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The trials and tribulations of a second-semester R.A.

As temperatures dipped into the negatives last Wednesday and windows filled with frost, Miamians found themselves with an unexpected day off. While students across campus pondered what to do with their free time, Resident Assistant Steve Sitko knew exactly what he wanted to do.

Hoping to provide his residents with an interesting indoor activity as the air turned to ice outside, he pulled out his copy of Super Smash Bros. -- a competitive, multiplayer video game where various Nintendo characters battle one another. Game in hand, he invited the residents of his corridor in Hillcrest to join him for a day of laid-back fun.

"Having the snow day early on was kind of a fortunate thing," Steve said. "Super Smash Bros. had just come out, and I brought it out during our first week kickoff event. It was a hit there, and it was a hit the second time too."

Steve said that he and his residents played for hours -- talking, relaxing and enjoying the day off. The event served as a way for him to get back into contact with his residents after the long winter break.

Coming back from J-term can be mildly disorienting. The break is more than a month long, providing ample time for younger Miamians to forget how campus life works. For RAs like Steve, this means it can be difficult to reestablish the relationships they built with their residents before the break.

"There's absolutely a difference [between first and second semester,]" Steve said. "And I think it's more important for me to be available as an RA now that we're back."

Although Steve has spent his entire career, almost three years, as an RA in a sophomore dorm, he believes the difference between first and second semester might be even more of an issue in first-year dorms.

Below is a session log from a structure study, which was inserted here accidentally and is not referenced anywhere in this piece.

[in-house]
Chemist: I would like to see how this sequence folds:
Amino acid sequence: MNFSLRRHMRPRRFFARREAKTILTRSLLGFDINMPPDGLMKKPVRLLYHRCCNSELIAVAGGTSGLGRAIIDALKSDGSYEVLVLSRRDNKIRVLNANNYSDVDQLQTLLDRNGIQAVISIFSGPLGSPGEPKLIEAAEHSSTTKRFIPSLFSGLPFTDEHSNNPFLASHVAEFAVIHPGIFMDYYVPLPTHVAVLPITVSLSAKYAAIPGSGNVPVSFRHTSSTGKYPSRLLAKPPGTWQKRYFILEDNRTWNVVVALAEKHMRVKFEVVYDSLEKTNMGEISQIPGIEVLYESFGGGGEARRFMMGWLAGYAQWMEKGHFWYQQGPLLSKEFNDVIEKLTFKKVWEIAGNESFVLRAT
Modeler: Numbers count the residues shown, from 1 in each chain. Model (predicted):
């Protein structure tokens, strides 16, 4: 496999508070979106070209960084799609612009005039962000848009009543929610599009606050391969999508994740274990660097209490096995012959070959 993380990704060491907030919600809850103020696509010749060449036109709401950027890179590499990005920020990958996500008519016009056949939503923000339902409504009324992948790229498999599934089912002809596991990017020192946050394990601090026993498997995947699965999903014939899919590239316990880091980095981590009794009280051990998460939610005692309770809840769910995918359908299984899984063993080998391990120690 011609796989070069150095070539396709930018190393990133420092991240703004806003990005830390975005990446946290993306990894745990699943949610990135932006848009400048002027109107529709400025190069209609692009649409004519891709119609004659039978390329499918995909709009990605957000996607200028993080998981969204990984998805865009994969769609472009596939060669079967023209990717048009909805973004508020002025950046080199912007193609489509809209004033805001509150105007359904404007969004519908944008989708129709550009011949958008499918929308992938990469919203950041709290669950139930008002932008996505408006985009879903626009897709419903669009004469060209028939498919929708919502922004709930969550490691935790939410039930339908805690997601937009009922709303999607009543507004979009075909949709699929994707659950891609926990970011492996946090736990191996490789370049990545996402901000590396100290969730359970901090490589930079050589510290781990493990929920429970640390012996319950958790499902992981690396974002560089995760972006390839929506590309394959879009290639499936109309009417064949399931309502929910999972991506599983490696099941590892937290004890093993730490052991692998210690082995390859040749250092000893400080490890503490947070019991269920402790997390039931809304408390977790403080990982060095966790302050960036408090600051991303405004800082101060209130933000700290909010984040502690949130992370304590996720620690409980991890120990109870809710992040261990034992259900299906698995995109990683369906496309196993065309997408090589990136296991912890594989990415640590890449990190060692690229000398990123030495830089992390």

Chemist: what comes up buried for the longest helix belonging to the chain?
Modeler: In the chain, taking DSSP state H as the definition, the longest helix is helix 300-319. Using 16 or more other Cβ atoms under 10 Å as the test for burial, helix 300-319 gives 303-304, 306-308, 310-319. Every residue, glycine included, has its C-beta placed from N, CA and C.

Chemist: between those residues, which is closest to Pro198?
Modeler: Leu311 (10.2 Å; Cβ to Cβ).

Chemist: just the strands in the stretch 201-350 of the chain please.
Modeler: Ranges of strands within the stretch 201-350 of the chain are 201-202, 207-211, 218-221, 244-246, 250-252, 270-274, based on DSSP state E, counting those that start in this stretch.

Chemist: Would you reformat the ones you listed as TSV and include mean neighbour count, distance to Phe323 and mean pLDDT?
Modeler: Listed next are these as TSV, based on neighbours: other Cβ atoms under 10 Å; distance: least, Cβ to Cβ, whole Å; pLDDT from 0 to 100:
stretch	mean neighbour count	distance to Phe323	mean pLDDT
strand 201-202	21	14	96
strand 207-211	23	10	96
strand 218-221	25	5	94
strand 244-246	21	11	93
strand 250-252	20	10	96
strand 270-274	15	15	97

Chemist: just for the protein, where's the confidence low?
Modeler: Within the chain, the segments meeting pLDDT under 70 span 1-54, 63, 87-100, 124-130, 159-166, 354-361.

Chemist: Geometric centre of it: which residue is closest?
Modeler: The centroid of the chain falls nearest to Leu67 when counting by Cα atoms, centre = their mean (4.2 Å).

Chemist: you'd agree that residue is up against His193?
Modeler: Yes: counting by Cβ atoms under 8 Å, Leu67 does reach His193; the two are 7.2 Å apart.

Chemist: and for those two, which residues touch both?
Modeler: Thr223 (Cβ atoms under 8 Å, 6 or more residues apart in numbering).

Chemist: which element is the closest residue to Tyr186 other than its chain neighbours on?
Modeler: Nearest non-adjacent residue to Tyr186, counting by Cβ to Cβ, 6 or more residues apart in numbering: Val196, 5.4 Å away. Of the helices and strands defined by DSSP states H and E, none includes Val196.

"In a freshman dorm, everyone gets to college and it's a brand new experience," Steve said. "The residents are experiencing all new things. They're homesick and sometimes solitary. By second semester, they're opening up to their corridor and connecting with their RA more."

Tiffany Turkovich, an RA in Stonebridge Hall, echoed Steve's thoughts on second semester, but added that with increased familiarity sometimes comes a lack of participation.

"Second semester, you definitely learn more about your residents," Tiffany said. "That means you can approach them a little better. But at the same time, when it comes to holding programs and trying to engage them, you know that sometimes they decide not to show up to things, which can be a little disheartening."

As RAs for sophomore dorms, both Steve and Tiffany have experienced the frustrations of lackluster participation.

"The biggest challenge for me as an RA is attendance," Tiffany said. "Like people not wanting to show up to their one-on-ones and attendance to programs, especially second years since they've already solidified their campus involvements."

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Although she's aware of the reasons behind the dip in attendance, Tiffany said that doesn't always make her feel better.

"It's difficult to not blame yourself when some things like that don't go well or if you don't meet your goals to get people to show up to your events, even though you've spent some money on it," she said.

But Tiffany said she doesn't let low involvement get her down.

"I love being an RA," she said. "[My residents] are awesome, and at the end of the day, it's worth it."

Steve echoed Tiffany's sentiments toward her residents.

"It's a very rewarding experience," he said. "And despite how intimidating it can be, second semester especially, I like it a lot."